HASSO HERING

A perspective from Oregon’s mid-Willamette Valley

Waverly Lake algae: How about this idea?

Written July 3rd, 2022 by Hasso Hering

The Waverly Duck floats in a sea of algal muck on Sunday, July 3.

Like every summer in recent years, Albany’s Waverly Lake is now covered by a growing mass of algae on the surface of the pond. In the fall the algae will die and disappear, and by winter they’ll be gone.

But in winter, who cares what the lake looks like? It’s in the summer that Waverly Park and the lake draw visitors. It is now through the middle of August that this little lake at the northern gateway to Albany looks like an unsightly mess.

Back in 2014, on Aug. 13 to be exact, longtime Albany resident Ed Hahn Jr. spoke to the city council and complained about the condition of the lake. He urged that something be done.

But by September that year, the rafts of algae had pretty much disappeared and the problem had taken care of itself, as it does every year. The issue of cleaning up Waverly Lake or trying to prevent the annual summertime algae bloom did not come before the council again.

Nutrients in the more or less stagnant water, warm days and sunshine all contribute to the growth of algae. There are ways of preventing this, but presumably they cost money and as far as I know are not on the agenda of Albany parks.

How about another approach?

Waverly Lake has a water surface of a little more than 6 acres. (That’s an estimate based on measurements derived from a tool on Google Maps,) The lake is not so huge that manual removal of algae is out of the question.

Online, companies sell “pond rakes” designed for cleaning up algae. The rakes cost about $120 each. The city could buy a few and then invite volunteers with personal watercraft to tow them around the lake. If the online rake ads tell the truth, the algae would be gone. (hh)

A couple on a paddle boat heads out into the algae on Waverly Lake Sunday afternoon.

 

 

 

 





16 responses to “Waverly Lake algae: How about this idea?”

  1. Ajae says:

    Great idea! I would volunteer. I don’t want to be on the lake with all of that unsightly algae!

  2. MarK says:

    I think the city has given up. If you think Waverly Lake looks bad, take a look at East Thornton Lake.

  3. TLH-ALB1 says:

    Who remembers when we had field burning and didn’t have this problem?

    You can thank the greenies for the burn bans and the resulting heavy use of fertilizers on the fields.

    Cox Creek runs thru the heart of rye grass fields; a major agricultural crop that supports the local and state economies.

  4. John Hartman says:

    The trick is to think of the algae not as unsightly, but simply as part of the natural order. Theists could claim that since god made everything, knows everything and controls everything that the algae are simply part of god’s plan. We humans, as the tired trope goes, are unable to comprehend god’s mysterious ways. Devout non-theists could grab onto the scientific reasons why algae appears each summer, deriving satisfaction from the facts rather than dwell on the so-called ugliness the algae produces in the normal course of events.

    The algae bloom is nothing out of the ordinary, nor is it particularly concerning. The only “reason” humans think the algae is ugly is because of some fantasy in the human brain that believes that nature’s expression is ugly. This cultural conditioning is not the algae’s fault. Rather, the fault lies in the observer…typical for the restless human demanding a largely unattainable outcomes.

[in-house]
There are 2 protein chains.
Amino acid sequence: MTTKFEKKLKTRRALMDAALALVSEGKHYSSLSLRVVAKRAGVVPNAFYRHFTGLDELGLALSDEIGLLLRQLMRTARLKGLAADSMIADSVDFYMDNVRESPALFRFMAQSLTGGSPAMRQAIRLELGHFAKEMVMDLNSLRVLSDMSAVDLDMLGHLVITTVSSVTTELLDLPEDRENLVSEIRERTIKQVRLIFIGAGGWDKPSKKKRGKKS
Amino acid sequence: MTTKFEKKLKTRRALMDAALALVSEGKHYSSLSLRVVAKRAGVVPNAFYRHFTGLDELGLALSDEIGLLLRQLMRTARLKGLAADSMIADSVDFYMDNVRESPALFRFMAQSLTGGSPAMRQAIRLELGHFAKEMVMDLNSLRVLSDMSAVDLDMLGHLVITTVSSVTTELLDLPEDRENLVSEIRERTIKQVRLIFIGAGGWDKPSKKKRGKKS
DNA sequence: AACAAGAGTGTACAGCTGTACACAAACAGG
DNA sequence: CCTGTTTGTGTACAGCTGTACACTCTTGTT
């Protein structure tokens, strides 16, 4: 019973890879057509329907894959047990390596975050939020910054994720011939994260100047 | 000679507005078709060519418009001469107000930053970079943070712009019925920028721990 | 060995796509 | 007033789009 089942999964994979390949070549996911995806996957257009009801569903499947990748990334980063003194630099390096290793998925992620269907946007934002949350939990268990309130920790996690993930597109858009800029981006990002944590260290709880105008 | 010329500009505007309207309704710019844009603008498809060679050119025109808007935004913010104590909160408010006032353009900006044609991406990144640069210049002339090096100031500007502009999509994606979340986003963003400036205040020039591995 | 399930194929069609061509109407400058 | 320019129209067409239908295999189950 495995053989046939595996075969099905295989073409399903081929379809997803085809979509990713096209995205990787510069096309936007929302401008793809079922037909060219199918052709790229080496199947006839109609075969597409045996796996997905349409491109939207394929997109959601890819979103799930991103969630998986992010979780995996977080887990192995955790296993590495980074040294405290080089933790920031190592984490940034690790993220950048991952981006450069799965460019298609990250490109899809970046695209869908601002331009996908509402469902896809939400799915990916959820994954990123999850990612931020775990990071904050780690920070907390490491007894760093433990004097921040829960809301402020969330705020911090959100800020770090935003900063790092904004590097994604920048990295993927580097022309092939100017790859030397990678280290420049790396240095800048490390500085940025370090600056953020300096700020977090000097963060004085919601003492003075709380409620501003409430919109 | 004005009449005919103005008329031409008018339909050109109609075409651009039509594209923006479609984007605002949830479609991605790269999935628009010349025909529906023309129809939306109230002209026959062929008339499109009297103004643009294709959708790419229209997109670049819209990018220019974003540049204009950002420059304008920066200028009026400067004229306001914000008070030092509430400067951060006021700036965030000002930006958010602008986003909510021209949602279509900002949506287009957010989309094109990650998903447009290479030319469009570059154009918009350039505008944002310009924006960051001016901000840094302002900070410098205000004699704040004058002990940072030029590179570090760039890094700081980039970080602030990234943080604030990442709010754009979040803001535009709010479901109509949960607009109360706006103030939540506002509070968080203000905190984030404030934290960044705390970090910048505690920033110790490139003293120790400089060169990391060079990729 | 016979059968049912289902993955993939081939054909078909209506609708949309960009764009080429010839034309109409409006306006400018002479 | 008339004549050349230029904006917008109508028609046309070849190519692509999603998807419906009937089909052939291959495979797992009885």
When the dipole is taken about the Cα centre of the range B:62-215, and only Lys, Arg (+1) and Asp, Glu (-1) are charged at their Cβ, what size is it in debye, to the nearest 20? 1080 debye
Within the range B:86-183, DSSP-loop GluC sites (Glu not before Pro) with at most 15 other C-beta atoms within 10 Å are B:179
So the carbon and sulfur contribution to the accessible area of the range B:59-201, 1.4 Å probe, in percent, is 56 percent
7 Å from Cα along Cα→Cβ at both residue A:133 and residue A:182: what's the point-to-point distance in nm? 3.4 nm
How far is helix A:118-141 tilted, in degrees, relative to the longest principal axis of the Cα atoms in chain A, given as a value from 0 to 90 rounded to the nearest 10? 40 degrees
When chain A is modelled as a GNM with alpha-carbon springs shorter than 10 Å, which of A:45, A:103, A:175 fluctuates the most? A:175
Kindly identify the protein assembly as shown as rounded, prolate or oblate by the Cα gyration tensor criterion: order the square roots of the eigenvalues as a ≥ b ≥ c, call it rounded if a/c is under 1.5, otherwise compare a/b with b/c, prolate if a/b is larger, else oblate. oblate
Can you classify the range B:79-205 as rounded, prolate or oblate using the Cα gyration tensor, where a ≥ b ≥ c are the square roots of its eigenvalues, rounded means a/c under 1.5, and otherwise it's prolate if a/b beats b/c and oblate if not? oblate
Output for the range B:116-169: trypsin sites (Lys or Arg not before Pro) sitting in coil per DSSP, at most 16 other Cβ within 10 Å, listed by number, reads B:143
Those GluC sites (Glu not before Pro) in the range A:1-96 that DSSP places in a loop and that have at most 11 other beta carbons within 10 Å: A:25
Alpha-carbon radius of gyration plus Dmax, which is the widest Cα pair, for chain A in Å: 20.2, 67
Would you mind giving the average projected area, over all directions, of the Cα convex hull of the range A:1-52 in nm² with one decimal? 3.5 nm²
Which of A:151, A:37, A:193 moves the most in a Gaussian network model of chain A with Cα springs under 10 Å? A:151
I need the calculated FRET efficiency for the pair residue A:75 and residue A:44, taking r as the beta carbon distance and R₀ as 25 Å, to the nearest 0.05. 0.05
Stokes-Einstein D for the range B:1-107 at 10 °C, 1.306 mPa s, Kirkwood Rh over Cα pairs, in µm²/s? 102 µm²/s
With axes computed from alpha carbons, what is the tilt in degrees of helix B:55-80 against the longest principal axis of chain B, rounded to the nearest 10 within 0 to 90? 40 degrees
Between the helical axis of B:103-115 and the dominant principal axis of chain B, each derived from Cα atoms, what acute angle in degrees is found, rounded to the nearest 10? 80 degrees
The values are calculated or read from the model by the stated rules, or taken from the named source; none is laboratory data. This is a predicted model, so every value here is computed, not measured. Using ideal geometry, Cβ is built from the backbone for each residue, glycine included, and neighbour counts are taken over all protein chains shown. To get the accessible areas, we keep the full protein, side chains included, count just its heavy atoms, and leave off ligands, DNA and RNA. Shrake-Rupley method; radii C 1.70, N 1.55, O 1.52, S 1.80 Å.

• Gordon L. Shadle says:

      Based on your reply….

      Don’t mow or weed your lawn. Don’t remove the moss on your roof or trim your trees and bushes.

      It’s not nature’s fault that things grow. It’s your brain’s fault for thinking that nature’s expression is ugly.

      Don’t worry about God’s response. I doubt she even cares one way or the other.

      But how do you convince city government to change its thinking and not give you a ticket for being a nuisance (AMC 7.84.130)?

      • Ray Kopczynski says:

        “But how do you convince city government to change its thinking and not give you a ticket for being a nuisance (AMC 7.84.130)?”

        It’s very simple. You convince 4 sitting councilors that it’s in the best interest of the city to do so.

  5. Todd says:

    What a great idea. Such a beautiful, well maintained park except the lake. I would be interested.

  6. Richard Vannice says:

    What are you going to do with or put the algae that is raked off the lake? Remember every answer should elicit more questions.

    • Gordon L. Shadle says:

      Good question. I know what I did with the pond scum my daughters brought home occasionally, but my eradication method probably wouldn’t work for Waverly Lake….

  7. centrist says:

    Sometimes stuff just happens. That seems to overwind control-issue folks.
    Let it be, let it be……

  8. Bob Bush says:

    Kinda like birds crapping on the sidewalks…….no one likes it…..it’s just nature. Wasn’t one of our colleges experimenting with algae for fuel??….What happened with that???…..Get that water circulating….up in the air around and around….I think that would help…..at least it always did in the cow tank.

  9. James Uerlings says:

    Excellent idea.

  10. Dala Rouse says:

    Pull it out and compost it. It makes excellent organic fertilizer according to my husband’s nephew as that is what he does with his pond in Washington. Maybe some organic farmer would be interested in it. The city is composting sewer sludge now and may have some ideas on how to treat the algae for composting.

 

 
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